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    Tamiflu's Effectiveness Doubted

    Expert Analysis Concludes Antiviral Drug May Not Prevent Complications in Healthy People

    Tamiflu Effective? Review Details continued...

    "This benefit has been generalized to assume benefit for very ill people in hospital," the authors write. Although this seems reasonable, they say they have no data to support this.

    The data on the effectiveness of Tamiflu against complications of the flu are "confusing," the researchers write. The researchers had to drop eight trials that were never fully published, although they were included in the previous review. But the researchers dropped them for this review because they could not verify the results independently.

    Del Mar's bottom-line advice for healthy people? "Don't take [the antivirals] to prevent complications because we don’t have enough good data for that. It reduces the [duration of the] illness by one day. So you have to make a decision about whether it’s worth it or not."

    A viable alternative, he tells WebMD, may be to take acetaminophen or "lemon sips" -- a hot lemon drink.

    Roche Response

    Roche responded by saying the company believes in the "robustness and integrity" of the data, claiming that if the Cochrane researchers had simply signed a confidentiality agreement to protect the anonymity of clinical trial patients, they could have had the data.

    In a letter to BMJ, Roche officials say they responded fully to all questions asked by BMJ and the news channel. The pharmaceutical giant has now posted study summaries online and will provide full reports on a password-protected site.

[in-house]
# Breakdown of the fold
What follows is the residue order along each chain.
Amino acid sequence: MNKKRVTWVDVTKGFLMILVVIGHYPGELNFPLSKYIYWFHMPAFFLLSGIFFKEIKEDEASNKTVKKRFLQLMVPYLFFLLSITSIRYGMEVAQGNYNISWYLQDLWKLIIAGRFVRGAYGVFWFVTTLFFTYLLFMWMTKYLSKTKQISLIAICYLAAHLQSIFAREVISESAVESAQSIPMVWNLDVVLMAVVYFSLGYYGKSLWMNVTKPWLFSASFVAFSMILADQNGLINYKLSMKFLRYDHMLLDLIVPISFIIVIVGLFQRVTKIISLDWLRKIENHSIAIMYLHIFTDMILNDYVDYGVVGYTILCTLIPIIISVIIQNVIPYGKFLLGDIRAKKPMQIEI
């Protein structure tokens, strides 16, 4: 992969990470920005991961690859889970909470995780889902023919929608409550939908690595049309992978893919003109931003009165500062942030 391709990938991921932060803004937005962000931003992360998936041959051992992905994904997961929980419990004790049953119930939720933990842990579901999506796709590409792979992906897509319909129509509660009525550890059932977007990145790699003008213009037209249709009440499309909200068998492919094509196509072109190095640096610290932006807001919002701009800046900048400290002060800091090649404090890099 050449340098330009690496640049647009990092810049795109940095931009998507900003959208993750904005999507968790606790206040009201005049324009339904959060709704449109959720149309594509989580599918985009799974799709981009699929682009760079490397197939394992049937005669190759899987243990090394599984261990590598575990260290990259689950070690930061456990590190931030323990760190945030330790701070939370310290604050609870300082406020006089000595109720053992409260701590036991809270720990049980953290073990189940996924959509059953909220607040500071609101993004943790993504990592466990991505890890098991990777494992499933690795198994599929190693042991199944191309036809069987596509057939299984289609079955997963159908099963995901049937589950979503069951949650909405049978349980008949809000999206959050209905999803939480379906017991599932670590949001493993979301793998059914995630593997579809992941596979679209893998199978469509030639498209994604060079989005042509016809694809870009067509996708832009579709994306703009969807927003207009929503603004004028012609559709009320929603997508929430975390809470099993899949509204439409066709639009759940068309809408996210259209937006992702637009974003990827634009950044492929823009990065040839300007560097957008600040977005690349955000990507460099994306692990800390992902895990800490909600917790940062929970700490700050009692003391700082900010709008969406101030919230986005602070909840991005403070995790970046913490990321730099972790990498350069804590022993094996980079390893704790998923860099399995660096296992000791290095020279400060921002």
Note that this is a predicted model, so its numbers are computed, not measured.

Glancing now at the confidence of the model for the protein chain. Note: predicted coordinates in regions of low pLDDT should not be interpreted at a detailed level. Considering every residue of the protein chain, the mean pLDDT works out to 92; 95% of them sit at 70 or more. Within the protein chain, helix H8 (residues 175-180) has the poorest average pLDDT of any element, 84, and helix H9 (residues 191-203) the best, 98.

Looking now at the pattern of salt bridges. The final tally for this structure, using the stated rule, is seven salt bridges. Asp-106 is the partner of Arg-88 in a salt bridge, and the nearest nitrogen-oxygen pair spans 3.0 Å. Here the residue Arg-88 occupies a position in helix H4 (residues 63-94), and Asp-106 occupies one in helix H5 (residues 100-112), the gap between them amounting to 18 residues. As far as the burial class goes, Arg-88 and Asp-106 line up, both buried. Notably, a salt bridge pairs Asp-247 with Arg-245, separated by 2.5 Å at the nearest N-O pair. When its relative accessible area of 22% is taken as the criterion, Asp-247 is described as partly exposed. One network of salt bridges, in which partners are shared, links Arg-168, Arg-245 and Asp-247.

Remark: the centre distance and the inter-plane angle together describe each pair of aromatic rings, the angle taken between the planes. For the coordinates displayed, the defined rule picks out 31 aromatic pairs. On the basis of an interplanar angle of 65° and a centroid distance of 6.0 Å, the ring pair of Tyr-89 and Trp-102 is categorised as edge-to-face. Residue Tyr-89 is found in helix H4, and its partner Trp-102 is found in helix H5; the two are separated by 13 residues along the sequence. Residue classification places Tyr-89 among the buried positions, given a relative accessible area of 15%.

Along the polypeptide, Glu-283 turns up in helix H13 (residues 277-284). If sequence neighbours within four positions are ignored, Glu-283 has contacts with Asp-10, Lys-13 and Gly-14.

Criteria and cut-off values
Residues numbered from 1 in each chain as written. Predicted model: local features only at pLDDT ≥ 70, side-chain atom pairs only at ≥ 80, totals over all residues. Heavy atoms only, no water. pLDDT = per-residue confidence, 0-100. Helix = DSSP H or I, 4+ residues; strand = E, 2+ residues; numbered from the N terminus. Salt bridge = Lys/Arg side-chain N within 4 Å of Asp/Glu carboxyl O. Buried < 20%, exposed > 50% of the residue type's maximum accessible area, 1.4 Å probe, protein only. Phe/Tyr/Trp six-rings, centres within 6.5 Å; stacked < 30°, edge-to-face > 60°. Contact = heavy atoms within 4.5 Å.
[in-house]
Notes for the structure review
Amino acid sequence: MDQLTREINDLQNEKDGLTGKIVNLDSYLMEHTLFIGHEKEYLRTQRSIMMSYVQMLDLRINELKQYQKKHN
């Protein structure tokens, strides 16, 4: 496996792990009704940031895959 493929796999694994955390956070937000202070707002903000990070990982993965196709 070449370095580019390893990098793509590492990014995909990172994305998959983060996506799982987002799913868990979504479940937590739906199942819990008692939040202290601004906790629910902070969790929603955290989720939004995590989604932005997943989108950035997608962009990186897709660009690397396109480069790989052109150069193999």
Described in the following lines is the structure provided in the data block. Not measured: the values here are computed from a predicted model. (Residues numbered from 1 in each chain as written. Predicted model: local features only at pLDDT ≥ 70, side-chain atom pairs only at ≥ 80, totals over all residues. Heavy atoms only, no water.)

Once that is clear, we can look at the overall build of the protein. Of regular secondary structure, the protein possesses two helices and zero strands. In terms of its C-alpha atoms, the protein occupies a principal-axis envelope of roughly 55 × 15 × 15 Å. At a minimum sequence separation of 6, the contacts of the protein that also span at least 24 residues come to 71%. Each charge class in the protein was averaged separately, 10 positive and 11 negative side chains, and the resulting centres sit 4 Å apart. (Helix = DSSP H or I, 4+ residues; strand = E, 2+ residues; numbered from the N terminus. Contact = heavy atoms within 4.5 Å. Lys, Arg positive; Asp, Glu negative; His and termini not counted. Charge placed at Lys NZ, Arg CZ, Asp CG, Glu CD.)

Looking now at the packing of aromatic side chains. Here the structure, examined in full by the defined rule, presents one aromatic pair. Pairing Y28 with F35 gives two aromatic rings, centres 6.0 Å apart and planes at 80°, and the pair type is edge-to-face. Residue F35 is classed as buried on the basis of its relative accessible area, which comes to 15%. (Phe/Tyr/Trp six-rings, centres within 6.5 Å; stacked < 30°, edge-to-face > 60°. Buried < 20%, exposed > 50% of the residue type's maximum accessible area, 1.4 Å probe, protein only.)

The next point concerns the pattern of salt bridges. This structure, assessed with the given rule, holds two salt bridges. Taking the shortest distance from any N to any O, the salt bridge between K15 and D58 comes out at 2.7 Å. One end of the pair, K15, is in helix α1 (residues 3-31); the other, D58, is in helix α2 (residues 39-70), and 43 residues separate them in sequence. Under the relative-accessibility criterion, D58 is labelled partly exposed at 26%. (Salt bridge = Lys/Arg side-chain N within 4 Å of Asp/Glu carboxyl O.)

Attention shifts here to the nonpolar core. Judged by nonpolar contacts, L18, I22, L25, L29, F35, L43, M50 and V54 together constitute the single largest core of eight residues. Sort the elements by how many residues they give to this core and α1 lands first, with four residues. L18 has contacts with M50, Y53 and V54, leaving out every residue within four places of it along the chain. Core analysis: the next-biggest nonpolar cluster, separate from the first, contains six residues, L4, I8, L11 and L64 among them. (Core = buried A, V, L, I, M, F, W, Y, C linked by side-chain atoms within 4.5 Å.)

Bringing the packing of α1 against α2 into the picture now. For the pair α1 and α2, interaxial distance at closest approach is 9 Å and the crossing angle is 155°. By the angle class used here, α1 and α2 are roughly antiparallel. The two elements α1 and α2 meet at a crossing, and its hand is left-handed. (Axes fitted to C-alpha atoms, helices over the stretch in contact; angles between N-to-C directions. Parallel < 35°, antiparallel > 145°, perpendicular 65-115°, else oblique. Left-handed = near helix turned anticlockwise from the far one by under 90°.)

Other Opinions

    Most of the information presented in the new review is known by physicians, says William Schaffner, MD, an infectious disease specialist and chairman of the department of preventive medicine at Vanderbilt University Medical Center in Nashville. "What’s new is bringing it all together."

    Costs seem to be a major concern of the researchers, he says. "The editorialists are concerned that governments have purchased large stockpiles," he says. Their concerns focus on the fact that the money could have been better used elsewhere.

    "We are not treating every patient who comes into our ER with Tamiflu," Schaffner says. Those with underlying conditions such as heart disease do get the drug, he says, as well as healthy people if something like trouble breathing develops.

    Another doctor in practice, Peter Galier, MD, former chief of staff at Santa Monica-UCLA & Orthopaedic Hospital, says he is not seeing overuse of the drugs. Lessening the duration of flu for healthy people may be optional, he says, but if you use the drugs to lessen the severity of the disease in those who are immune compromised, asthmatic, or have lung disease or other problems, "you are doing a service."

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